Westlake the jazz buff is anything but unappreciative of country-western music, and the people who make their living playing it.  He makes it very clear how much he admires them, and that fascination with their world, and their professionalism, enlivens this book.  But he rather thinks many of its fans are not fully aware of just how good these troubled troubadours of theirs really are–because for them it’s less about the music these people make than it is about living through them.

Country-music fans don’t envy or begrudge the material success of the performers, and that’s because they don’t see country stars as being brilliant or innovative or otherwise exceptional people (which they are), but firmly believe the Willie Nelsons and Roy Clarks are shitkickers just like themselves, who happened to hit it lucky, and more power to them.  It means anybody could hit it lucky, including their own poor sorry selves, so these people, most of whom could lean down and rest their Coke cans on the poverty line, took vicarious pleasure in the overt manifestations of their heroes’ lush rewards.

If you get nothing else out of this book, you get a sense of how good a lyricist Donald Westlake might have been if he’d gone down a different road.  Though for the life of me, I can’t imagine him in a cowboy hat.  He wants us to respect what Ray Jones has accomplished, and at the same time, to understand that there’s always this dishonesty in what he writes, since he’s writing for people who want to be told, against all evidence to the contrary, that they are the only people in the world who matter.

New York sure is a great big city
Blow it up, blow it up;
Los Angeles is kinda pretty,
Blow it up, blow it up.

Oh, I don’t go to Washington D.C.,
Those marble halls are not the place for me;
They tell me San Francisco’s kinda gay,
I’m telling you that I will stay away.

Chicago is a toddlin’ town,
Knock it down, knock it down;
And Boston has got great renown,
Knock it down, knock it down.

Oh the country is the only place to be,
A silo’s the tallest thing I want to see;
I’m a country boy, my heart is in the land,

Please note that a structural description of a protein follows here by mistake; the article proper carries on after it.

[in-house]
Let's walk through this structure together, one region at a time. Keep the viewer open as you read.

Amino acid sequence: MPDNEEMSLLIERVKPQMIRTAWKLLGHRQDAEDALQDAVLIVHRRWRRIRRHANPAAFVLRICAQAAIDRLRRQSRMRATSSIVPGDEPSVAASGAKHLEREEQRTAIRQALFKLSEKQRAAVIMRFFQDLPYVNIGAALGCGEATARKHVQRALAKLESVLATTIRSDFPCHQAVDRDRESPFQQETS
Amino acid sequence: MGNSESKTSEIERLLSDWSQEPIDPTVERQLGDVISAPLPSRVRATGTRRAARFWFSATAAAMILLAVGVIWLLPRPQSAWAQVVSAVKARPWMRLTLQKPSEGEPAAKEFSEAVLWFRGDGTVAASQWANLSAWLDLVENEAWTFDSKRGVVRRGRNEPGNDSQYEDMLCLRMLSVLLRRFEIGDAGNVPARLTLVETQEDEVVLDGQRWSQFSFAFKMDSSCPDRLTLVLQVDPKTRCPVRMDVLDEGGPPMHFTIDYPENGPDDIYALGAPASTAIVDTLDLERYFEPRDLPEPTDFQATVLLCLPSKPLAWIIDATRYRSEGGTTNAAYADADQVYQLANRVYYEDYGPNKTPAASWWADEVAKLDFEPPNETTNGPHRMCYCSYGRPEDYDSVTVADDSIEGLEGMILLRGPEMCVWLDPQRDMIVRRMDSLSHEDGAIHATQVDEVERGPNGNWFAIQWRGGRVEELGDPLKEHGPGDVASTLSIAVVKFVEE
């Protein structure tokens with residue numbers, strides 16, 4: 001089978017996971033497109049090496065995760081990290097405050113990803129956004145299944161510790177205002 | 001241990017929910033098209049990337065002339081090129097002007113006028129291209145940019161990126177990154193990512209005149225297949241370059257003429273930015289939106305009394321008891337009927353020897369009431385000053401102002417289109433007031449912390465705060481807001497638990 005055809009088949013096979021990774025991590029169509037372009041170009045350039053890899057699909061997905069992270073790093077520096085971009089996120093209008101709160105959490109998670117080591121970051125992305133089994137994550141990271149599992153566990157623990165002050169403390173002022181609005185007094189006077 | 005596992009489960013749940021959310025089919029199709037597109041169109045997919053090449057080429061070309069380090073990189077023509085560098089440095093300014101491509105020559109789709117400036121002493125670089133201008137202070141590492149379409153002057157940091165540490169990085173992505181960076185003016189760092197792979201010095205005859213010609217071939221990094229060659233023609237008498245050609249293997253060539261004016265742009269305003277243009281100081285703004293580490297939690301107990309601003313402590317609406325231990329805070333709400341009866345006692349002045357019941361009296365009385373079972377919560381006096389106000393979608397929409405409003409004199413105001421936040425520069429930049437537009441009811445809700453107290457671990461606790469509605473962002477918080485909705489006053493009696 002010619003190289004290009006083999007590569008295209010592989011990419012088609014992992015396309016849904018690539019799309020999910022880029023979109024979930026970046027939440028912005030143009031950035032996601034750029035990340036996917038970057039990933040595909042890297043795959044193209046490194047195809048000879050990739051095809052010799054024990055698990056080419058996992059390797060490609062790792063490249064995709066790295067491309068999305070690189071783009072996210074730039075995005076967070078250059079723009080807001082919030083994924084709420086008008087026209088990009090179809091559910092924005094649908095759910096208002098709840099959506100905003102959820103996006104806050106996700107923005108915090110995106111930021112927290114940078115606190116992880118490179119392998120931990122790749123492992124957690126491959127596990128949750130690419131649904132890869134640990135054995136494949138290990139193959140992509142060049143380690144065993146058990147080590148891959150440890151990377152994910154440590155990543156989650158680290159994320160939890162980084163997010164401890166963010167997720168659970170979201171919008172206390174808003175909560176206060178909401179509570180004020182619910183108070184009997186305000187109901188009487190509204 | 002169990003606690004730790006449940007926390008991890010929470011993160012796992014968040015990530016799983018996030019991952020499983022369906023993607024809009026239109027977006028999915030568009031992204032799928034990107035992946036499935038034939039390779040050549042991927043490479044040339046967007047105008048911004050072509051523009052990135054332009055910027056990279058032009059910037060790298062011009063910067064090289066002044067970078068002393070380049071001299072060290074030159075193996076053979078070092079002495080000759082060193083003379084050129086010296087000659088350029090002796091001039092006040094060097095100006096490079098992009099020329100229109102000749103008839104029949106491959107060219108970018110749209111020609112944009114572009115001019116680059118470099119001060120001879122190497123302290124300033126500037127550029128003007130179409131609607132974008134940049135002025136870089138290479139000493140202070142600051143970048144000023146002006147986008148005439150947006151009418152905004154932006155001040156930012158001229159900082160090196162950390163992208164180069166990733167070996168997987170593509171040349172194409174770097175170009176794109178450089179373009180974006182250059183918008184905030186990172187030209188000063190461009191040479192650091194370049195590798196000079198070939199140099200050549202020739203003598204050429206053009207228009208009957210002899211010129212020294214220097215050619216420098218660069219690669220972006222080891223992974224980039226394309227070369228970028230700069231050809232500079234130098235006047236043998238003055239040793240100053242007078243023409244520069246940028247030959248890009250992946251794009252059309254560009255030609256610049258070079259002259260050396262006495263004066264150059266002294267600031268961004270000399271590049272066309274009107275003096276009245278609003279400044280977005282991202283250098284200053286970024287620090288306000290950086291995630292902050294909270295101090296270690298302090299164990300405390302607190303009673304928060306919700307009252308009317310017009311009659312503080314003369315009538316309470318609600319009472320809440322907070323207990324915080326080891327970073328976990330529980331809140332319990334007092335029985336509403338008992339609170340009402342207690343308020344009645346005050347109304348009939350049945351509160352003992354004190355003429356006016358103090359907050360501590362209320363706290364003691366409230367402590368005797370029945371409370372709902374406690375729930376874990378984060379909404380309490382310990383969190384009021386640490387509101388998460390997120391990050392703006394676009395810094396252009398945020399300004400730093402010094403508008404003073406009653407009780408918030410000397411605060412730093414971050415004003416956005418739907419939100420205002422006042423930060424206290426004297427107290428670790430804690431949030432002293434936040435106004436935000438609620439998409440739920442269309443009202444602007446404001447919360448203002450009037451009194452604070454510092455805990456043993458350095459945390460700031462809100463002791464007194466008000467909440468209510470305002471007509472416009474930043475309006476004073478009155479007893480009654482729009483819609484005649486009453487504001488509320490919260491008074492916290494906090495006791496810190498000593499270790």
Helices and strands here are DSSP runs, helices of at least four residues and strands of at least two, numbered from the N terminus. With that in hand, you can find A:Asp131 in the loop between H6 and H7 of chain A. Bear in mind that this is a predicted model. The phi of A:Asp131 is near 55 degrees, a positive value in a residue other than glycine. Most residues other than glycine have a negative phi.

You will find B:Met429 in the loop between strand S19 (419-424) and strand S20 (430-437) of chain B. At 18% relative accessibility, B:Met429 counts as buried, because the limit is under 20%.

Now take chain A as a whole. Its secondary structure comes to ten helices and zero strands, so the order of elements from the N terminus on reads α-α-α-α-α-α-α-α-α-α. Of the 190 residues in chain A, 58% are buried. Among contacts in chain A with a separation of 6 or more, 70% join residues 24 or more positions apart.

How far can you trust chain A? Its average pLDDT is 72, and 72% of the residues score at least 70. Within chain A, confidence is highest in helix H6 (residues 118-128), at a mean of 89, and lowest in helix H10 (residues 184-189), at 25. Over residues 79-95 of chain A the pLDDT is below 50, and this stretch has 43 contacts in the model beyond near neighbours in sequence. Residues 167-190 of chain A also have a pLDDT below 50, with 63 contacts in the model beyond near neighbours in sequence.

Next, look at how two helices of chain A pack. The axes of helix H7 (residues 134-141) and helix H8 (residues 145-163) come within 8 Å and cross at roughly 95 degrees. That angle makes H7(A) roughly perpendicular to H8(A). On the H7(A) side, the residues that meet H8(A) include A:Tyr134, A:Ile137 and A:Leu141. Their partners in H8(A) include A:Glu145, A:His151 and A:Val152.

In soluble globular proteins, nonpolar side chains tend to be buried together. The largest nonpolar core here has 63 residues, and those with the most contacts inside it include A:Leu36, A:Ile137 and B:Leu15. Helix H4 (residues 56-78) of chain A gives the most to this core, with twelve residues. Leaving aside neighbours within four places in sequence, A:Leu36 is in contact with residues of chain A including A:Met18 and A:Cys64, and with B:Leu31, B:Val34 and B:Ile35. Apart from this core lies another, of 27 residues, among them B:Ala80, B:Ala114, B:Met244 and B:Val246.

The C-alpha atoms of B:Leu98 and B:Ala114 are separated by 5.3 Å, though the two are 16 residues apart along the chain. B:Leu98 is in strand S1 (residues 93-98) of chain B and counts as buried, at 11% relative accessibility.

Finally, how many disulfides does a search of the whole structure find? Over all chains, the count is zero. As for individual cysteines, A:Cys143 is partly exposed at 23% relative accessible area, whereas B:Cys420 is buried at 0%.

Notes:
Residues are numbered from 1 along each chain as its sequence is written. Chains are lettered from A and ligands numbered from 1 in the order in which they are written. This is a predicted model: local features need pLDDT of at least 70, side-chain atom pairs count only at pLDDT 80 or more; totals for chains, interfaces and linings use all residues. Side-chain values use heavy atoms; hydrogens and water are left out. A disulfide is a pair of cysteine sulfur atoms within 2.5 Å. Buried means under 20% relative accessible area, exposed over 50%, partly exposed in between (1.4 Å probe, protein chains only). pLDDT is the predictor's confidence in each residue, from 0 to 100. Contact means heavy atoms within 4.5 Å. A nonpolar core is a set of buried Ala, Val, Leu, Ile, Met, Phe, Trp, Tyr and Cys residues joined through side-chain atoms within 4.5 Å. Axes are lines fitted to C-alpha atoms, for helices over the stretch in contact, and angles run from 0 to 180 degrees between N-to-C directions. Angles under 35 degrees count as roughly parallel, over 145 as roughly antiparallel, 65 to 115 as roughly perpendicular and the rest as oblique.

I’m a country boy, I think this country’s grand.

Jack is in ‘The Elvis Seat’ (a seat they save at Ray’s theater for an Elvis impersonator who is part of the show) when Ray sings this, and he tells Sara he took it kind of personal.  Sara tells him it’s about the tribal unit, defining who’s in and who’s out.  But we the readers have been made to know Ray Jones himself doesn’t really identify with his audience at all–sees them for the hicks and suckers they are, playing their prides and prejudices like a steel guitar, while wanting them to go on loving him, because that’s how he survives.  Except now he has to make them think maybe he’s a murderer.  Knowing full well that in showbiz, those who love you today can rip you to shreds tomorrow.  It’s a calculated risk.  With Sara as his failsafe device.

He’s got two very smart lawyers–his personal attorney (and friend), Jolie Grubbe, who strikes up a tense friendship with Sara (who she’d like to ban from Ray’s bus and the courtroom, for all that she admires Sara’s gumption)–and his brilliant criminal attorney, Warren Thurbridge.   Both are horrified when Ray insists on testifying on his own behalf in court, opening himself up to cross-examination–and Ray insists.  There’s really very little in the way of evidence against him.  All he has to do to get off scot-free is nothing–and that’s the last thing in the world he’s going to do.

And just as he expects (not that he’d admit it), the prosecutor hits him with a song he hasn’t sung in a long time, written after his marriage fell apart–that shows a darker side of Ray than he’s wanted to admit to in a while, along with a streak of misogyny a mile wide.